In a year already filled with tragic deaths of celebrities, the news of Chadwick Boseman’s unfortunate and shocking passing added even more pain all over the world. In 2016, Boseman was first diagnosed with stage III colon cancer, which gradually got worse and progressed to the more lethal stage IV. This meant the cancer spread past his colon and significantly lessened his chance of overcoming this diagnosis. On Aug. 28, Boseman’s heroic battle with colon cancer was finally over, as he passed away at the age of 43 with his family and friends next to his bedside.
Born on Nov. 29, 1976 in South Carolina, Chadwick Boseman quickly gained a passion for art and acting. This led him to attend Howard University where he studied fine arts. After graduating from Howard University, he began his career in New York City, playwriting, directing, and acting for various small shows. However, Boseman didn’t make a splash in the entertainment industry until he landed the role of Jackie Robinson in 42 at the age of 36. In this iconic movie, Boseman portrayed the hardships and segregation Jackie Robinson faced during his years playing in Major League Baseball.
Boseman was a real life superhero for many. After his big debut in 42, Boseman’s career took off, all while battling colon cancer. Some of the most notable movies he premiered in during this time period were 21 Bridges, Da 5 Bloods, and of course, the Marvel movies which included Black Panther, Captain America: Civil War, Avengers: Infinity War, and Avengers: Endgame. Boseman’s role as Black Panther and his signature cry “Wakanda Forever” made ripples around the world. He quickly showed everyone that an African American actor can be a superstar in Hollywood. It’s still astounding that he was able to heavily train for these movies while not being fully healthy. Ultimately, he put these films ahead of his own health. Boseman’s dedication and preservation was what made him so incredibly special.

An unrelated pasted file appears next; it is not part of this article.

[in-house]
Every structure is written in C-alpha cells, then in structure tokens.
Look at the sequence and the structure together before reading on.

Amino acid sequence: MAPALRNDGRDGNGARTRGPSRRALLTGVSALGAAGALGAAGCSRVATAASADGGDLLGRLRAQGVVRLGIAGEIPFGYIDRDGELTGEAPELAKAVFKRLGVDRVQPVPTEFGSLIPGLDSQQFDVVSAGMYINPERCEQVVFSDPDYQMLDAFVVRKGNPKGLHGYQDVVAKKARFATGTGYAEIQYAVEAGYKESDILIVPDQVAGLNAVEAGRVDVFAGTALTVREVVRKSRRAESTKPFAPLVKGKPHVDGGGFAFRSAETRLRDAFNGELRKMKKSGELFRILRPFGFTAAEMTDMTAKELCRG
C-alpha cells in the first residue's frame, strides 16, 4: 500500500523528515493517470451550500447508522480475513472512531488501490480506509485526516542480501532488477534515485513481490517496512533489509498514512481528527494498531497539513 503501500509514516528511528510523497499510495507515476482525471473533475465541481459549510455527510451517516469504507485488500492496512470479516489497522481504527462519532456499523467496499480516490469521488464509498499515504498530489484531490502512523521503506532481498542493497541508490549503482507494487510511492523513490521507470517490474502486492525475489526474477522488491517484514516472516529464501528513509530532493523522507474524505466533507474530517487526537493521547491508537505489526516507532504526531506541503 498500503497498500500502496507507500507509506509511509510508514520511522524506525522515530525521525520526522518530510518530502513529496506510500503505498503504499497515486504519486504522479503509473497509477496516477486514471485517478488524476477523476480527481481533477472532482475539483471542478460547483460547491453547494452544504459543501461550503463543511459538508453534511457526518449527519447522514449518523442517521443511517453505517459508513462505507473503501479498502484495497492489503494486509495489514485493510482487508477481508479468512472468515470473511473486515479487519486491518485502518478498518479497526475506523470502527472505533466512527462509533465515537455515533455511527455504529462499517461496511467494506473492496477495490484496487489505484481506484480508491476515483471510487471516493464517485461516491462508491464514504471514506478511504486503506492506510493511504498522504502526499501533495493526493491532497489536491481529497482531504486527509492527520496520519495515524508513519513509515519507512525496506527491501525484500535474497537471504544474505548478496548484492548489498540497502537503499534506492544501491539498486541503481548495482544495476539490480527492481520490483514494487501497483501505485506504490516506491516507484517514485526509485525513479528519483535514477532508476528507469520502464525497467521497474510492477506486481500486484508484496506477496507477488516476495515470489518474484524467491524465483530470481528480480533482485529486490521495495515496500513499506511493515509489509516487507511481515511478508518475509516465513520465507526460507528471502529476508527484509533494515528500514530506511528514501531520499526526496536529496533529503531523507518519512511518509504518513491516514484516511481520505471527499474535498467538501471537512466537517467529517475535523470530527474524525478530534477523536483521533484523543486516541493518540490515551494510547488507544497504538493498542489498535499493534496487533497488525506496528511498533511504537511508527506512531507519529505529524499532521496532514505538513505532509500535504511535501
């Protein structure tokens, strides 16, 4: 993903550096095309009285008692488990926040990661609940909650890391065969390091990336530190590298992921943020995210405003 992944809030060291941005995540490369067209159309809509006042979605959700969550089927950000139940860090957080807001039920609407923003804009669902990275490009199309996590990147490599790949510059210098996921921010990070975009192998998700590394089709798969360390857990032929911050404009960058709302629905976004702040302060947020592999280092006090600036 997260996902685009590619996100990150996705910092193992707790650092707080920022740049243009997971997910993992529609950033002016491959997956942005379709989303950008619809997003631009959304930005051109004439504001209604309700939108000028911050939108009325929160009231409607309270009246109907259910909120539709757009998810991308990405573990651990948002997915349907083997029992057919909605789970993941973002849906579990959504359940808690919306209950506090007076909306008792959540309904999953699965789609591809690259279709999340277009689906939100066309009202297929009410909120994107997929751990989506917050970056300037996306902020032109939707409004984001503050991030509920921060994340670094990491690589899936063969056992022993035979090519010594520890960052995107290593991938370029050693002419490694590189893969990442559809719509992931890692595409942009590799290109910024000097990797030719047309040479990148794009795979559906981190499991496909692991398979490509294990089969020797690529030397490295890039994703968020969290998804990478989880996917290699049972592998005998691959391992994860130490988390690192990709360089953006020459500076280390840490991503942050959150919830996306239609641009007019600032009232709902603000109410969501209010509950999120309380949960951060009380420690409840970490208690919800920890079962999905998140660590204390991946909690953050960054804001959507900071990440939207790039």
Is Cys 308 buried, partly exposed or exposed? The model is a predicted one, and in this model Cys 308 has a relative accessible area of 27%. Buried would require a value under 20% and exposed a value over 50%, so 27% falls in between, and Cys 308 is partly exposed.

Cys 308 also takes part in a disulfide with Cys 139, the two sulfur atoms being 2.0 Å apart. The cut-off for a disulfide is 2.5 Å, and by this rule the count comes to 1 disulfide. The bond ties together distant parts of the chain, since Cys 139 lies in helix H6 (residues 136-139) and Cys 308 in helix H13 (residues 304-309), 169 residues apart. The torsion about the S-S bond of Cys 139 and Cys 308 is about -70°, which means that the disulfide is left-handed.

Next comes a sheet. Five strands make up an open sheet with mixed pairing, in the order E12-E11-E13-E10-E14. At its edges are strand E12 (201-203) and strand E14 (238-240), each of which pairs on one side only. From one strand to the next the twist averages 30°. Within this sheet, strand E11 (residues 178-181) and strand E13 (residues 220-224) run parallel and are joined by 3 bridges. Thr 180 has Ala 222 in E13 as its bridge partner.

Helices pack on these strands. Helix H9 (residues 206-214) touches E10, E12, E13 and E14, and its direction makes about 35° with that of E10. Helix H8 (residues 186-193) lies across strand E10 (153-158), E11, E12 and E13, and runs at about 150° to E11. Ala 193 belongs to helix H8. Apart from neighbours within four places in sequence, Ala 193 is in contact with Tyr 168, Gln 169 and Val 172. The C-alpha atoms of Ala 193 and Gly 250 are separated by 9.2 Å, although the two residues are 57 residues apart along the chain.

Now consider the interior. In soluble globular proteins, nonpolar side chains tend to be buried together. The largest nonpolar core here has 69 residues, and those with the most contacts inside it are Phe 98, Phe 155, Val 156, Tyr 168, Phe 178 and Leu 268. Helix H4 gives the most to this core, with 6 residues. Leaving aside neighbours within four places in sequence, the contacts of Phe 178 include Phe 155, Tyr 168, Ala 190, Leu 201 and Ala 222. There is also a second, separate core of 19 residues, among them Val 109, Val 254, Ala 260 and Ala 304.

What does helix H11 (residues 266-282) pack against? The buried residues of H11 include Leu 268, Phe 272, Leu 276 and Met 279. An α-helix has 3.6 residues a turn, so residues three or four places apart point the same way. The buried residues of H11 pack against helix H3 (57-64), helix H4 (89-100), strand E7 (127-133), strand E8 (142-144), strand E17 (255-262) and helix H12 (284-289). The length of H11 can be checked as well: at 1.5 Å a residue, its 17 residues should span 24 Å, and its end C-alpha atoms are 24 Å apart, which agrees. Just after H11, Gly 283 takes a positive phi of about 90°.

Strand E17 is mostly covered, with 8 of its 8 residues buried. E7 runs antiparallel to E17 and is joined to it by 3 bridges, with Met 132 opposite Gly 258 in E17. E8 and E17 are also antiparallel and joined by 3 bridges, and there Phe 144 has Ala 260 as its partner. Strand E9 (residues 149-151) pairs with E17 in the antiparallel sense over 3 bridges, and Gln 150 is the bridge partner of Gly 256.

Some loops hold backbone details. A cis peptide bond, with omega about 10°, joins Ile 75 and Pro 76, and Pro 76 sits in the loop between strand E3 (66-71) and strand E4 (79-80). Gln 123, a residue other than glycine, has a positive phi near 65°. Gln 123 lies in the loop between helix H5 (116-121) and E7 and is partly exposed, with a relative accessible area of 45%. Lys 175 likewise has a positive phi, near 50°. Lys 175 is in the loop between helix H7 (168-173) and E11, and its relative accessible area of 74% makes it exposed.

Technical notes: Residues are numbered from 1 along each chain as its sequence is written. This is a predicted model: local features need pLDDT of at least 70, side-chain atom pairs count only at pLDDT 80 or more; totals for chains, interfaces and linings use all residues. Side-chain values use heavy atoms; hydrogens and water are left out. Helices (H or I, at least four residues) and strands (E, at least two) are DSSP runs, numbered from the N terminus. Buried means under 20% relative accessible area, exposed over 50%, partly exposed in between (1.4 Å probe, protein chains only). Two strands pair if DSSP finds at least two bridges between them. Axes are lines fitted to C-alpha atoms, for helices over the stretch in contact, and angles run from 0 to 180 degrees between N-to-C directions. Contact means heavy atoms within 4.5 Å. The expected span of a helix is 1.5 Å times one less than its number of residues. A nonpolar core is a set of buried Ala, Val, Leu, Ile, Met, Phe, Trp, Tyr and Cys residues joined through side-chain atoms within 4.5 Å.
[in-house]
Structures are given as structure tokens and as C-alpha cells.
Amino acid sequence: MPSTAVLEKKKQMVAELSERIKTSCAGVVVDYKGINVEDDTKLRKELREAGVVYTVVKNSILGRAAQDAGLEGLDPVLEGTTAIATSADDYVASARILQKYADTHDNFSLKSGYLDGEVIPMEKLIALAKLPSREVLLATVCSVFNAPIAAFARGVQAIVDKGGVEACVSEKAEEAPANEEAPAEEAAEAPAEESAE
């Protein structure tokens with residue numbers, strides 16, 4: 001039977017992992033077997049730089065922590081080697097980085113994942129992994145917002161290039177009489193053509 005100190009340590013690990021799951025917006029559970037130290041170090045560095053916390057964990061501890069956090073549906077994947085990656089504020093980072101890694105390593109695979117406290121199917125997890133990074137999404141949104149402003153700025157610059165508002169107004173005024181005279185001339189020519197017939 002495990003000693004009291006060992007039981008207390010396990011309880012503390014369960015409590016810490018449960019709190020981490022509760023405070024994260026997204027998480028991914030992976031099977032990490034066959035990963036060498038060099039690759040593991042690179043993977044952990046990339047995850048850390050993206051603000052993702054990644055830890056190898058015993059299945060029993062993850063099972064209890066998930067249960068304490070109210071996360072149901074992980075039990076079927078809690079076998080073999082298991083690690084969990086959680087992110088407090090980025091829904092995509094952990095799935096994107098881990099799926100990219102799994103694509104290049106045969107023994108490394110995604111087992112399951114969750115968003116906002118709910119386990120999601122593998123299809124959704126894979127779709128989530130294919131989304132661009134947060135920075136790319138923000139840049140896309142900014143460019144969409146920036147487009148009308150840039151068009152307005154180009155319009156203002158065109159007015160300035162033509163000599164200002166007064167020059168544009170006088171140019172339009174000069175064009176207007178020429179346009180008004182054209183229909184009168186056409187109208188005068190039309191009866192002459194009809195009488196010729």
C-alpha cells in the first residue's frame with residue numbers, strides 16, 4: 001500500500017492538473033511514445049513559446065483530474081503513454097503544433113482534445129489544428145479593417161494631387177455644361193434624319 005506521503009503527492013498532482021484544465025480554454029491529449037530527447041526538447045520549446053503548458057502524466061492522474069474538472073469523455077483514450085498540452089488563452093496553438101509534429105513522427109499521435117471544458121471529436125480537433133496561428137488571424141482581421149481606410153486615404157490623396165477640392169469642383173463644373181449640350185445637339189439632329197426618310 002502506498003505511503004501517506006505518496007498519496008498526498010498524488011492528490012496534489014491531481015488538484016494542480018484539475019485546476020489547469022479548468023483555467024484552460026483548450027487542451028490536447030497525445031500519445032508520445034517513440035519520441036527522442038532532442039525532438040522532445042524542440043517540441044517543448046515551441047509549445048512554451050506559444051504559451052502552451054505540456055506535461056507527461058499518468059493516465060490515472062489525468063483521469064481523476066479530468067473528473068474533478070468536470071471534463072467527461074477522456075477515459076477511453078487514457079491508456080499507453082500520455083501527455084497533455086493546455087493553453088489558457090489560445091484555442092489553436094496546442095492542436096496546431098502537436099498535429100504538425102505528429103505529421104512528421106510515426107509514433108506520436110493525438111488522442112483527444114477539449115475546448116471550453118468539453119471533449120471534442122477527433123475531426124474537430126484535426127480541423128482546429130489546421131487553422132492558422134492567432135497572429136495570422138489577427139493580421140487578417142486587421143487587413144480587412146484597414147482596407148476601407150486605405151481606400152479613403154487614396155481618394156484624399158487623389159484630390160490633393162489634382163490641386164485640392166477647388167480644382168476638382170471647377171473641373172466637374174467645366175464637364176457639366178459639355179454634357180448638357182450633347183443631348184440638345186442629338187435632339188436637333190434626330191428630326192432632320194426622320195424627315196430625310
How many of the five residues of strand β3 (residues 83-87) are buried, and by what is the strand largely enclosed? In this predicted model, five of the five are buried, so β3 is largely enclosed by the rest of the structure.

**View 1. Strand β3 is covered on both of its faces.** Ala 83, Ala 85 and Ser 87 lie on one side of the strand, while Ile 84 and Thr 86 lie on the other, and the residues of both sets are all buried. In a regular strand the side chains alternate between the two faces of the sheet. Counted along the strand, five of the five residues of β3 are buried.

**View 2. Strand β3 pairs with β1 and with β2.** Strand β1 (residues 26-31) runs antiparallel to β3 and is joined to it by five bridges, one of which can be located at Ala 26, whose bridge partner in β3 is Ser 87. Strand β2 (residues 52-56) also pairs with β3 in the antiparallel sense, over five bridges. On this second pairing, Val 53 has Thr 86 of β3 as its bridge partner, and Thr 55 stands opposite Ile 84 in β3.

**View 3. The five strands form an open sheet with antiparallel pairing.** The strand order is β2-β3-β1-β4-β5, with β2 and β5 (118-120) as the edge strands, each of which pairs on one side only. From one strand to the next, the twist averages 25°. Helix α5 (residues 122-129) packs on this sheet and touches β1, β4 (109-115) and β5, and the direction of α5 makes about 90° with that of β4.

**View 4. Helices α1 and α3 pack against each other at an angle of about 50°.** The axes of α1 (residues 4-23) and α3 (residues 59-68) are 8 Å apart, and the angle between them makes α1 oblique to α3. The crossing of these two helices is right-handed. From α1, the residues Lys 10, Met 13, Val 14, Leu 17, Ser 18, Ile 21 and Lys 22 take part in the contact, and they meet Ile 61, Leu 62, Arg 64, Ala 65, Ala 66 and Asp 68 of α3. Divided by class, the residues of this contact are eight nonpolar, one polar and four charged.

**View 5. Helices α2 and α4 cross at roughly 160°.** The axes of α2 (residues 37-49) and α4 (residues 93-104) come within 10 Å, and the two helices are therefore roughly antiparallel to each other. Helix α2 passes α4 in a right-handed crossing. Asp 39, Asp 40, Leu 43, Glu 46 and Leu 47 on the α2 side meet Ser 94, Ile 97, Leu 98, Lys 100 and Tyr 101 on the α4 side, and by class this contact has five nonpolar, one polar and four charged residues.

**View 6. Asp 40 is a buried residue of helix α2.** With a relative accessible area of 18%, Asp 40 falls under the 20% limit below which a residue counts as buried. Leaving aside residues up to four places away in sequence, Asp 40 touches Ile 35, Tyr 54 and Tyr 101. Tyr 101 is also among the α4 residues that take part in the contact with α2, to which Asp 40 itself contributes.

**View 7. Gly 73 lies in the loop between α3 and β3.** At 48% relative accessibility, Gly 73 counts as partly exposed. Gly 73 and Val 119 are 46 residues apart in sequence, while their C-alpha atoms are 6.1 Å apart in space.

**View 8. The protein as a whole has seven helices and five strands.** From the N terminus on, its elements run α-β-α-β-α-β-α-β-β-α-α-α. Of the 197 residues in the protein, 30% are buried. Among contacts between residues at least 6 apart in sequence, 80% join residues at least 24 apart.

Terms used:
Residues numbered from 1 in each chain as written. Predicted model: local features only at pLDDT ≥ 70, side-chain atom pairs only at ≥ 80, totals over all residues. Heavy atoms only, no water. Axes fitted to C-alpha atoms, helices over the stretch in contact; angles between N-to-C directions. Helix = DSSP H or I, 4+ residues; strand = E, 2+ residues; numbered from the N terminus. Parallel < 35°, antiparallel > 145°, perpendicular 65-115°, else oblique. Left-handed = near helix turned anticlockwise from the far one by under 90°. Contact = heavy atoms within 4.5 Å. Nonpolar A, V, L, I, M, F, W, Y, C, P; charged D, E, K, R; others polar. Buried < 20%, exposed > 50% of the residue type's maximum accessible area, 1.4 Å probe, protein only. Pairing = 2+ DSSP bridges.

Many celebrities reflected on Boseman’s legacy. Actor Chris Evans saw the work Boseman put in every day on the Avengers set and wrote, “Chadwick was special. A true original. He was a deeply committed and constantly curious artist. He had so much amazing work still left to create.”
Michael B. Jordan, a close friend of Boseman, penned a heartfelt letter, saying, “I’m dedicating the rest of my days to live the way you did. With grace, courage, and no regrets.”
Pictures of Chadwick Boseman greeting cancer-diagnosed children in hospitals while he himself had colon cancer paint the clearest picture of who he truly was: someone who put others before himself.
His impact will live on forever. On Aug. 31, tens of thousands petitioned for a Chadwick Boseman statue to replace a Confederate Memorial in his hometown. That same evening, Twitter announced that Boseman’s last tweet which officially pronounced him dead, was the most liked tweet ever. Twitter called it “A tribute fit for a King.”
In his own words, “Death is not the end. It’s more of a stepping off point.” Rest in Peace, Chadwick Boseman.
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